Last day of the anti-poaching camp in Cyprus and time to return to the UK after 4 months spent between Italy, Portugal, Greece and Cyprus. It is time to draw some conclusions.
The first and most important one is about the situation in the British ESBA in Cyprus. Illegal bird poaching could be stopped, quite quickly and easily in fact, if only there was the will to do so from Great Britain. It would be enough to send a contingent of trained policemen to the SBAs to patrol and arrest anyone who traps birds and it would take relatively little time and effort to stop the great majority of those. But the British authorities in Cyprus must have some reason not to do so, either to keep quiet and let the massacre continue for the sake of “peaceful” coexistence with the Cypriots, or for some other reason. So how do we stop this? I’m asking this to you. I’ve told you the story and now I would like your help and opinions. Taking down nets and destroying decoys is not enough and unless we can get 300 volunteers on the ground to do so for a year, poaching won’t stop nor reduce. So how do we get Britain to wake up and stop turning a blind eye on the Cyprus songbird massacre?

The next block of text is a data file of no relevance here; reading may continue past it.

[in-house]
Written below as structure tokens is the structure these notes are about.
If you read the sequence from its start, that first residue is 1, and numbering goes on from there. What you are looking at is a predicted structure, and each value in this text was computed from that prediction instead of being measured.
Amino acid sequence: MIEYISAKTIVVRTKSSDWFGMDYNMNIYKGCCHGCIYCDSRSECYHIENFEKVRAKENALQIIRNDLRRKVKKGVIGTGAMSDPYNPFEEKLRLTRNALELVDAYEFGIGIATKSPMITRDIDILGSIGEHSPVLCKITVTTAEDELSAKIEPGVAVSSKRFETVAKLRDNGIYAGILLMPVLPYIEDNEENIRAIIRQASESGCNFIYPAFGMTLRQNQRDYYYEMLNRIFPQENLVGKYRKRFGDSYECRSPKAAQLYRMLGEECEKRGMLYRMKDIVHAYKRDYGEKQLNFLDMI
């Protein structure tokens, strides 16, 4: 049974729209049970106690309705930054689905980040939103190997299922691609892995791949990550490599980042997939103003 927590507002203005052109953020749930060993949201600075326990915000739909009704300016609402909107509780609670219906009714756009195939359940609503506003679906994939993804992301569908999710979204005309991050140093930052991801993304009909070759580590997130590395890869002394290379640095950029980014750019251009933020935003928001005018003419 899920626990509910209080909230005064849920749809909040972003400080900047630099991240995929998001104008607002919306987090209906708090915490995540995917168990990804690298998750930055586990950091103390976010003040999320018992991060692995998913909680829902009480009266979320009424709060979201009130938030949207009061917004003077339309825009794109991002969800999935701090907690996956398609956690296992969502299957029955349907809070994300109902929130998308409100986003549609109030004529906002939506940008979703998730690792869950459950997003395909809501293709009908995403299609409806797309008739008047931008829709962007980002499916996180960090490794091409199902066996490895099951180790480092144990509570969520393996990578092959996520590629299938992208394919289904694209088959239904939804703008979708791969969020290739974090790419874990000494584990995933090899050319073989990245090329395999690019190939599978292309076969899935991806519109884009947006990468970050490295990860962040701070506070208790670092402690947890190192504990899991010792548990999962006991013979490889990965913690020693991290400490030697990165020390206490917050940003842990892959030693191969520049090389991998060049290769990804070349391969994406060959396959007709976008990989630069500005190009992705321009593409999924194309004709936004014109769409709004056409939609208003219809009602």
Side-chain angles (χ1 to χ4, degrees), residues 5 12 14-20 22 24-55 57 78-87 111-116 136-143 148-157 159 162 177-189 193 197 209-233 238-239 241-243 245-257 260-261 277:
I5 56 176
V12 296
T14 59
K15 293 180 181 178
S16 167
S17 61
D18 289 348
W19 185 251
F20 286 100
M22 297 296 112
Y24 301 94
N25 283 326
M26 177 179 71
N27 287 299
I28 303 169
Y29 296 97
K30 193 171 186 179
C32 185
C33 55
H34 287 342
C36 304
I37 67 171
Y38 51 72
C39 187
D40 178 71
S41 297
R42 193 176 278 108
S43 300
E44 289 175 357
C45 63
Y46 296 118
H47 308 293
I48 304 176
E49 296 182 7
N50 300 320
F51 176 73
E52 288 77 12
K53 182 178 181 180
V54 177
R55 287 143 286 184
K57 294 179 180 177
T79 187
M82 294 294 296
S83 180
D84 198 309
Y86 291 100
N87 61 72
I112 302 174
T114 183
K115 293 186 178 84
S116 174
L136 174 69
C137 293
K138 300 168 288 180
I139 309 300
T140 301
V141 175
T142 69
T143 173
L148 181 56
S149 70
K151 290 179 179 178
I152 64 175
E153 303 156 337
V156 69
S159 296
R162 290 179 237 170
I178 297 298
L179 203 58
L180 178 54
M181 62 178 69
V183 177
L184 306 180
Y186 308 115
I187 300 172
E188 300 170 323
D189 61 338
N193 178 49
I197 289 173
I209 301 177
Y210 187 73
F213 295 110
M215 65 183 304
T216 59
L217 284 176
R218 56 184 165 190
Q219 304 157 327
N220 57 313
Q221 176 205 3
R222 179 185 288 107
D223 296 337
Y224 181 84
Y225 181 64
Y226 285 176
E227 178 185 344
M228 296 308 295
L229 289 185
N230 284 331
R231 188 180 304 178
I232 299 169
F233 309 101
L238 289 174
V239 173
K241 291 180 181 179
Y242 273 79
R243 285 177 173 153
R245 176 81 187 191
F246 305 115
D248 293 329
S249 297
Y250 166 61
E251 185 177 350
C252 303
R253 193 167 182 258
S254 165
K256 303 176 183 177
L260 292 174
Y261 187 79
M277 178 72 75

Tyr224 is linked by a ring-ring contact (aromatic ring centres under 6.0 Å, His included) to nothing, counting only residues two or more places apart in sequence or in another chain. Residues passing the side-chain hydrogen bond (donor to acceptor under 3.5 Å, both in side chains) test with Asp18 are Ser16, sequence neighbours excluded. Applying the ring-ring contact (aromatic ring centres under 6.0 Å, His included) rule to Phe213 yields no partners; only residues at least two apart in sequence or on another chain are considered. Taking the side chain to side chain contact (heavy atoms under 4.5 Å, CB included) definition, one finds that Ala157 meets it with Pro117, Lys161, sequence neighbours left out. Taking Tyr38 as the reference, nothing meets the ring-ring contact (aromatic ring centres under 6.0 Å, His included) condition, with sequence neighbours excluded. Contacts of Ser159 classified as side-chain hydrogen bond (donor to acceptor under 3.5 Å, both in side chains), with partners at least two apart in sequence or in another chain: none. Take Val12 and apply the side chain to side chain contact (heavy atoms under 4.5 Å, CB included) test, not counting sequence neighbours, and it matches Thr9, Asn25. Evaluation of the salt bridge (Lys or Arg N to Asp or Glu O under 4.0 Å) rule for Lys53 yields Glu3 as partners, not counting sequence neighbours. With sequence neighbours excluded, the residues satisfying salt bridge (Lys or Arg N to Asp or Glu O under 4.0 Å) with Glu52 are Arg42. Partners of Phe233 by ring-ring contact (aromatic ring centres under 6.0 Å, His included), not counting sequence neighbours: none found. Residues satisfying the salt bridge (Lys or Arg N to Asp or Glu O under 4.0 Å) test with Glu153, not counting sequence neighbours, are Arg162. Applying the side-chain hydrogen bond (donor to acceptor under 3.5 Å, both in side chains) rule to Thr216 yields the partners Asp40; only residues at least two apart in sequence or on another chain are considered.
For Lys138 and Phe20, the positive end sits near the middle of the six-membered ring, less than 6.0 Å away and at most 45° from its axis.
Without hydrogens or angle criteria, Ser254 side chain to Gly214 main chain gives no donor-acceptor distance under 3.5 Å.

Of course my answer is media, pressure, and films. But I might be biased as a filmmaker.
The second and more positive message I have learnt is how much truly dedicated people can achieve. I believe the world is full of people who “care” but don’t act because of disillusionment and fear of failure. The media make us feel disempowered all the time, portraying issues as too big to be tackled by any single person and thus taking away from us the confidence in the power of the individual. But then occasionally we also meet people who alone have managed to move mountains, shake spirits and achieve tangible results and these people aren’t special, they just decided to stop wishing and start acting. I am full of awe and admiration for these people and I am thankful I had the privilege of spending two weeks surrounded by them.
And now, time to start editing!